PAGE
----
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Researchers make cancer immunotherapy ‘breakthrough’
4 March 2016 • Author: Victoria White
Scientists have made a what is being called a ‘groundbreaking discovery’ in understanding how the genetic complexity of tumours can be recognised and exploited by the immune system, even when the disease is at its most advanced stages.
As a tumour develops, the diversity of its genetic faults can be flagged on the cancer cell surface, as unique mutations appear in different parts of the tumour. Crucially, by analysing data from hundreds of patients from previous studies, researchers found that some of these antigens represent the very earliest mutations of the disease and are displayed on all cells in the tumour, rather than a subset of tumour cells. Then in the lab, the researchers isolated T-cells from samples of two patients with lung cancer that can recognise these common flags present on every tumour cell.
Although they have the potential to wipe out all cancerous cells within the tumour, these potent immune cells are switched off by the tumour’s defences.
Cancer Research UK says the research paves the way for therapies that specifically activate these T-cells to target all the tumour cells at once based on the disease’s genetic signature. In the future, scientists could exploit this by developing a therapeutic vaccine to activate T-cells, or harvesting, growing and administering T-cells back into the patient that recognise the antigens common to every cancer cell.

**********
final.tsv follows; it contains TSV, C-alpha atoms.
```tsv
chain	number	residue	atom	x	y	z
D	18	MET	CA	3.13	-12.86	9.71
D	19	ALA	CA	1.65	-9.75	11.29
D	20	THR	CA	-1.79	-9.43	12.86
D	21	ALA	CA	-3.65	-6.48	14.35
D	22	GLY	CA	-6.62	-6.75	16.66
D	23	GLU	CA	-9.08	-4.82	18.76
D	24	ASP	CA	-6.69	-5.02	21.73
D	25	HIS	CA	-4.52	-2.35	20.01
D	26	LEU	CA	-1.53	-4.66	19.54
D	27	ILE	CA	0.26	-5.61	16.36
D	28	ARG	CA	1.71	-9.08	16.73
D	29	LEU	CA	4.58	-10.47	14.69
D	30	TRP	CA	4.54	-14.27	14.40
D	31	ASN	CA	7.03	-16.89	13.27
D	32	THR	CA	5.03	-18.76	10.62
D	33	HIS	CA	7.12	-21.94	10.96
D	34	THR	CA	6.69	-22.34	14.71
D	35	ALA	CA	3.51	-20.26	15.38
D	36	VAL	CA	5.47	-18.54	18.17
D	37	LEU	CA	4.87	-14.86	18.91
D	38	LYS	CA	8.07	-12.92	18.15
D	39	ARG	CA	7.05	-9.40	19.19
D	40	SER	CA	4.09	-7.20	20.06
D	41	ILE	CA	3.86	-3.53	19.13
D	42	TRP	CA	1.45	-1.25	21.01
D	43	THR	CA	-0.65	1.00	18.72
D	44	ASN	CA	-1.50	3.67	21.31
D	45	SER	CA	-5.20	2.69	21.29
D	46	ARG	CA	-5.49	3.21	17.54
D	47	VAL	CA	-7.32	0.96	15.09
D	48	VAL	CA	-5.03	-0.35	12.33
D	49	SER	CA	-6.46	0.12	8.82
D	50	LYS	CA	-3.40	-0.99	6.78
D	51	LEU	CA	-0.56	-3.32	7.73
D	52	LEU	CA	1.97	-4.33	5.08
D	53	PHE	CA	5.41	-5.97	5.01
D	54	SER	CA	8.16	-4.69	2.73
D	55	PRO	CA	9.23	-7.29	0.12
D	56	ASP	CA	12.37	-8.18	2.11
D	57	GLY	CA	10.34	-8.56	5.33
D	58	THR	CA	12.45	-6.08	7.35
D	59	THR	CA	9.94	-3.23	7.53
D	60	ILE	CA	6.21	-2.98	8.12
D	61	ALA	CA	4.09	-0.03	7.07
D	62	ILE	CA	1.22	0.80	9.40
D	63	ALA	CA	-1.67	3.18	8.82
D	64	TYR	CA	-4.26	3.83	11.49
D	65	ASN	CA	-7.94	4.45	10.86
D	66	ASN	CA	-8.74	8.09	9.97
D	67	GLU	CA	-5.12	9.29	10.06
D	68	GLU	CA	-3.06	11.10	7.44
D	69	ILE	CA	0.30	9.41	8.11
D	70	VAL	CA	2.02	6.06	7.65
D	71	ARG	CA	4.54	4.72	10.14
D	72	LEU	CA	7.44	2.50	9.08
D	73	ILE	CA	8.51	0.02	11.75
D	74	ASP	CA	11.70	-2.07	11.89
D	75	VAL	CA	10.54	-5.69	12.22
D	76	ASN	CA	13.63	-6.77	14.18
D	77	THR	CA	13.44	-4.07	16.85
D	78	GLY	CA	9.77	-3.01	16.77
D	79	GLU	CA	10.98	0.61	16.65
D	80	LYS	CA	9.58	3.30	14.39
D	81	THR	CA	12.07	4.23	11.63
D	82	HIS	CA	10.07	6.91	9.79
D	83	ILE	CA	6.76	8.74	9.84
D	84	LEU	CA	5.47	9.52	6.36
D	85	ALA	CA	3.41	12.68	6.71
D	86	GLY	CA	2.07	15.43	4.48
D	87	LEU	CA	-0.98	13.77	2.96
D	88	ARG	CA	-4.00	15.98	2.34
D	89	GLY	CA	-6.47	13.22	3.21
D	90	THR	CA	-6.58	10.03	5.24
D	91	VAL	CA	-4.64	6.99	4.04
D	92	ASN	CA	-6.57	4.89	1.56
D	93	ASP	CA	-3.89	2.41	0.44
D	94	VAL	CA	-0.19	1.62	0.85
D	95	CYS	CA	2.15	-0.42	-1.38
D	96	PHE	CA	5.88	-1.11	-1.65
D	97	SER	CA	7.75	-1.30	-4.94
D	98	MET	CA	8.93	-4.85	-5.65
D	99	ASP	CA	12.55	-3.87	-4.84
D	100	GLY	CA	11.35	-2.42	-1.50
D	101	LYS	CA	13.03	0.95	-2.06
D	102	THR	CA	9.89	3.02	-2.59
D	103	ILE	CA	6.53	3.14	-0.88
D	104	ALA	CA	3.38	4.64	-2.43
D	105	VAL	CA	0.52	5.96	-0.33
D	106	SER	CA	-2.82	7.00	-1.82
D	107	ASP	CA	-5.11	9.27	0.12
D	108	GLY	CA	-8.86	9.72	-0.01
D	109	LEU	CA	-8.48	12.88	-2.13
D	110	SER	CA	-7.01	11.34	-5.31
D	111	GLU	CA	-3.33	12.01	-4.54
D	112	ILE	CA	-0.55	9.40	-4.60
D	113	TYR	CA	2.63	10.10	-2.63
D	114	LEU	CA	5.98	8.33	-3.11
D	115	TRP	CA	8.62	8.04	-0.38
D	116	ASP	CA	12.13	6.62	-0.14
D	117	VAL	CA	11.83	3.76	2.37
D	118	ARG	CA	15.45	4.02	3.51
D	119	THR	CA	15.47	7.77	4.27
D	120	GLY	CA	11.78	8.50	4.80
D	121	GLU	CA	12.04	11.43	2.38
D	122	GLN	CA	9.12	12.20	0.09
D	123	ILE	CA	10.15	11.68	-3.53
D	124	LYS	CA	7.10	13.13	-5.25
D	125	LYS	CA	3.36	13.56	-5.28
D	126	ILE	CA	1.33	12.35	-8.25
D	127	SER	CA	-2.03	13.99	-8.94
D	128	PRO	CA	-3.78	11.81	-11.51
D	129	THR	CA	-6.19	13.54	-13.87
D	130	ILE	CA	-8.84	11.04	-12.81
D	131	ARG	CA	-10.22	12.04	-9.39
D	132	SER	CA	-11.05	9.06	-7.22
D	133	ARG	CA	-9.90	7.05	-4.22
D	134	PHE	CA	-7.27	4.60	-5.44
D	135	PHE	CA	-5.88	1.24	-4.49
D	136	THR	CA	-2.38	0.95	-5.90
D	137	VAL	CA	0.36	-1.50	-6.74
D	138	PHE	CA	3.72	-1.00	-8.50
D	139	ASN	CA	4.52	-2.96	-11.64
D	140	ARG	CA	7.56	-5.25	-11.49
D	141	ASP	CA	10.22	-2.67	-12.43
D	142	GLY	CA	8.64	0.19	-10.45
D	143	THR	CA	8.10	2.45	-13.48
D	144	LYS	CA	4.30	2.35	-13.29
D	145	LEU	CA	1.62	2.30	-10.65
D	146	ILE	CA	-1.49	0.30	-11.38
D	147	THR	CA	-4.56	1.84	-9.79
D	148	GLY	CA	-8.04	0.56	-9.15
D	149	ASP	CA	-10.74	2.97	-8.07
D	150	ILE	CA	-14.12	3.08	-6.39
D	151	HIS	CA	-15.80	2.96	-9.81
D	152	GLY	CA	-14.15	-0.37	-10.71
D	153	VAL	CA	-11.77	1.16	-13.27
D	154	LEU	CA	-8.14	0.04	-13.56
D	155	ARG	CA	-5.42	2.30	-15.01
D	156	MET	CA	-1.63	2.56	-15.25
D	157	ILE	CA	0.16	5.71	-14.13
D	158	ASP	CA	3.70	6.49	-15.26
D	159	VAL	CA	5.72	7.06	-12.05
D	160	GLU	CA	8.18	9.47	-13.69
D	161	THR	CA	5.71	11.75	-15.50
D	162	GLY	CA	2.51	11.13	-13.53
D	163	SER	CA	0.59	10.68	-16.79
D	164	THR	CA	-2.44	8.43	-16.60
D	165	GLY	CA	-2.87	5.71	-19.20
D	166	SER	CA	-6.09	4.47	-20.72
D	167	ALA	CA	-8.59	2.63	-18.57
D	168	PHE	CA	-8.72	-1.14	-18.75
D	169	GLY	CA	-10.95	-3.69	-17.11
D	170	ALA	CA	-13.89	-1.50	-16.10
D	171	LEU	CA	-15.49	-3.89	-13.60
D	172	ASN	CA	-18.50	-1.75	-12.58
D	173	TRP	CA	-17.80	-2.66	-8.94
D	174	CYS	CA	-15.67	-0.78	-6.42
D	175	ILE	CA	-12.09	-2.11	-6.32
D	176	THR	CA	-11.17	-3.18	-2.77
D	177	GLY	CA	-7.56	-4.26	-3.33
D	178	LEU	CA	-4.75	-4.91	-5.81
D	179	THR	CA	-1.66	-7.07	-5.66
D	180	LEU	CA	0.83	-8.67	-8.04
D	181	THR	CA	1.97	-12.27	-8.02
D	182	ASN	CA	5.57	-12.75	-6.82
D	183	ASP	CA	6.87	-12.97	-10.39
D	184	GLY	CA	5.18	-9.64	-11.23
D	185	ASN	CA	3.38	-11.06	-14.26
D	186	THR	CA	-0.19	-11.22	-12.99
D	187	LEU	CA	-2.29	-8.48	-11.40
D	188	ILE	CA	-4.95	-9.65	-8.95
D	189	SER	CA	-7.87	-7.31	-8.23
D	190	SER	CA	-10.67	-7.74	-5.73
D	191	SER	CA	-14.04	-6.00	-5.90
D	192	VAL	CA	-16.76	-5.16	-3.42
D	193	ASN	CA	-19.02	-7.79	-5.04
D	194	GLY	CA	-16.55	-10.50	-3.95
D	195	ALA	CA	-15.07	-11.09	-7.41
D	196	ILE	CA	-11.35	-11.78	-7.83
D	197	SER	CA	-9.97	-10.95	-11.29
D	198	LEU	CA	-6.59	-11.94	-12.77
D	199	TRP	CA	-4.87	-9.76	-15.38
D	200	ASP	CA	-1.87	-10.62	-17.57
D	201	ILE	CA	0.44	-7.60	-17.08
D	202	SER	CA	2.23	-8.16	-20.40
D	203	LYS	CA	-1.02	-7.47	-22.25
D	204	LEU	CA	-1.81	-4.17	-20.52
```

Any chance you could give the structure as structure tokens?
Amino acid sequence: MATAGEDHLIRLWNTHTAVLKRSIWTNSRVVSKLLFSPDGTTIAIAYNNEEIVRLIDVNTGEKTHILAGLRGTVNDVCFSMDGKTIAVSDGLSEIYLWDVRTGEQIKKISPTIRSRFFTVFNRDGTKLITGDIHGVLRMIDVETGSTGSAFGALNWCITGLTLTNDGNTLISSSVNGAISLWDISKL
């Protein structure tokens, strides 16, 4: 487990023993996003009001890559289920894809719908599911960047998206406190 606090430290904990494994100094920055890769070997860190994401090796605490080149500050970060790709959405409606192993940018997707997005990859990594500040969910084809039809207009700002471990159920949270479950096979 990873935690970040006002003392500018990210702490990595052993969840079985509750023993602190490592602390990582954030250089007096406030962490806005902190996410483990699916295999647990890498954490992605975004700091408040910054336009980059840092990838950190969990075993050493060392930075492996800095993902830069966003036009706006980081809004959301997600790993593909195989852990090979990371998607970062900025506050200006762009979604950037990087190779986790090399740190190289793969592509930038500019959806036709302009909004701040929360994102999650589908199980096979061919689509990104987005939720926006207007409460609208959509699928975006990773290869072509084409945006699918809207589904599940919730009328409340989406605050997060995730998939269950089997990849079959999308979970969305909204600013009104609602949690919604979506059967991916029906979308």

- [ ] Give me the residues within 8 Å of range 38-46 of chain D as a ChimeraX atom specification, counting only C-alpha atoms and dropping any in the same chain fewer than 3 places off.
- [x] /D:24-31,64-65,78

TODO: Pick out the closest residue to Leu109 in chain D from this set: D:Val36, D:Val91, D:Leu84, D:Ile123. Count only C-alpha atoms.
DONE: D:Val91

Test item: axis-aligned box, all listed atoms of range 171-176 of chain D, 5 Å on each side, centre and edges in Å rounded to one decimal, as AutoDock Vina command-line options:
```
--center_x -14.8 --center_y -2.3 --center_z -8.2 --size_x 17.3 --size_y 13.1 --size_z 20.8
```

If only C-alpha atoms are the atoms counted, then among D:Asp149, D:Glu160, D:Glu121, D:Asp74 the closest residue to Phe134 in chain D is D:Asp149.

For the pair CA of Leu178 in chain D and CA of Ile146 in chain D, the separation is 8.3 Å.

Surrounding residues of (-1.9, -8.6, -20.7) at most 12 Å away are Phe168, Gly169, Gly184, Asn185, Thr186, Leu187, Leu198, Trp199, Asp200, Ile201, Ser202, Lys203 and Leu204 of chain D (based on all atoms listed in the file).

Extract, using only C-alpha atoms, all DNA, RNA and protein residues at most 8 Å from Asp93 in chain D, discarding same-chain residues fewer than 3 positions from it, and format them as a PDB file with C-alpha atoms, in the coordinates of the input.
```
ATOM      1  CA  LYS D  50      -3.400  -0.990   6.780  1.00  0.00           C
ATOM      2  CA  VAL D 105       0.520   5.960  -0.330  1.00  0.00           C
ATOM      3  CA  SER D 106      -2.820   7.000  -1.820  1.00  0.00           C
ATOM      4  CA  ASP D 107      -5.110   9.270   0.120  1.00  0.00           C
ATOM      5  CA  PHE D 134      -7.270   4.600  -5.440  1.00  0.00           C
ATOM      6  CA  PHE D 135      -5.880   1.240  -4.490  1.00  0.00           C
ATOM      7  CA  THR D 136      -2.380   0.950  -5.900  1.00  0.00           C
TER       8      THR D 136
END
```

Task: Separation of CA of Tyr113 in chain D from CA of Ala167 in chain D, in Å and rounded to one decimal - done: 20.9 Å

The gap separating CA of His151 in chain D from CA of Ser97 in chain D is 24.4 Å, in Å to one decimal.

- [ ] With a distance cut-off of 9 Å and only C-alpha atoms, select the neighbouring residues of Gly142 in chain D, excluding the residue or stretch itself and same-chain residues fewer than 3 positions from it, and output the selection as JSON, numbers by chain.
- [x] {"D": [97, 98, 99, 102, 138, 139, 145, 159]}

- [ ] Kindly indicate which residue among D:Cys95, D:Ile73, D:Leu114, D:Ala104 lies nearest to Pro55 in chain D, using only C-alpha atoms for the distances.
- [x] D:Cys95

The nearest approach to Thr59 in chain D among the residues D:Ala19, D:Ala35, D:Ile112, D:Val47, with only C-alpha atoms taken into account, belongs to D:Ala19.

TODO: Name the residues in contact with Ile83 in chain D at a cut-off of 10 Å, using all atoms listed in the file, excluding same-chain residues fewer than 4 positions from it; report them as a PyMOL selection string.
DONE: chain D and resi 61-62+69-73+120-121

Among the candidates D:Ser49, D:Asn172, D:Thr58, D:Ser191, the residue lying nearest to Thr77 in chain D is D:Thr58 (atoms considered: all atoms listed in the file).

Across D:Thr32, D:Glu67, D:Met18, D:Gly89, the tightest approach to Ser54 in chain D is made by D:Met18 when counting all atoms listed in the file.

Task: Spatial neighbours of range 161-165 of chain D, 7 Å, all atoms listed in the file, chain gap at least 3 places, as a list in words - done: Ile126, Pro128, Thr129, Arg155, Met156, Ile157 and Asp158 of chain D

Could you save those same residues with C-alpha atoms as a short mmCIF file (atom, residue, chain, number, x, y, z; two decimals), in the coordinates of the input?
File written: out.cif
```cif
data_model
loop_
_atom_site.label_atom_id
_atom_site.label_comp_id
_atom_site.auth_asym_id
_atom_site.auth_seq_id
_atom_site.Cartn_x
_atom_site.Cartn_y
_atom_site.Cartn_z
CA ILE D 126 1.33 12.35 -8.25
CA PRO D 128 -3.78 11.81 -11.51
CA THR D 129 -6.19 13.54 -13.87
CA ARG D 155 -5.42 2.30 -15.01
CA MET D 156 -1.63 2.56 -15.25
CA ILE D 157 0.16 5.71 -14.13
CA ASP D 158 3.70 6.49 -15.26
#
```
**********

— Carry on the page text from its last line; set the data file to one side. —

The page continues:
Dr Sergio Quezada, Cancer Research UK scientist and head of the Immune Regulation and Cancer Immunotherapy lab at UCL Cancer Institute, said: “The body’s immune system acts as the police trying to tackle cancer, the criminals. Genetically diverse tumours are like a gang of hoodlums involved in different crimes – from robbery to smuggling. And the immune system struggles to keep on top of the cancer – just as it’s difficult for police when there’s so much going on.
“Our research shows that instead of aimlessly chasing crimes in different neighbourhoods, we can give the police the information they need to get to the kingpin at the root of all organised crime – or the weak spot in a patient’s tumour – to wipe out the problem for good.”
Targeting antigens present in every cell
The genetic complexity of cancer, which is flagged by tumour antigens, arises when cancers evolve in a branched manner. The earliest faults are found in all cells, forming the ‘trunk’ of the disease, while later mutations arise in some cells but not all. It is these ‘branches’ that allow the disease to adapt and become drug resistant.
Professor Charles Swanton, from the UCL Cancer Institute and a Francis Crick Institute scientist, said: “This is exciting. There was evidence that complex tumours with many mutations could increase the chance of the immune system spotting them; now we can prioritise and target tumour antigens that are present in every cell, the Achilles heel of these highly complex cancers.
“This opens up a way to look at individual patients’ tumours and profile all the antigen variations to figure out the best ways for immunotherapy treatments to work, prioritising antigens present in every tumour cell and identifying the body’s immune T cells that recognise them. This is really fascinating, and takes personalised medicine to its absolute limit where each patient would have a unique, bespoke treatment.”
Swanton, Quezada and their teams are now working to turn this idea into something that could be applied to many more cancers, finding unique targets on all cancer cells and not the healthy cells.
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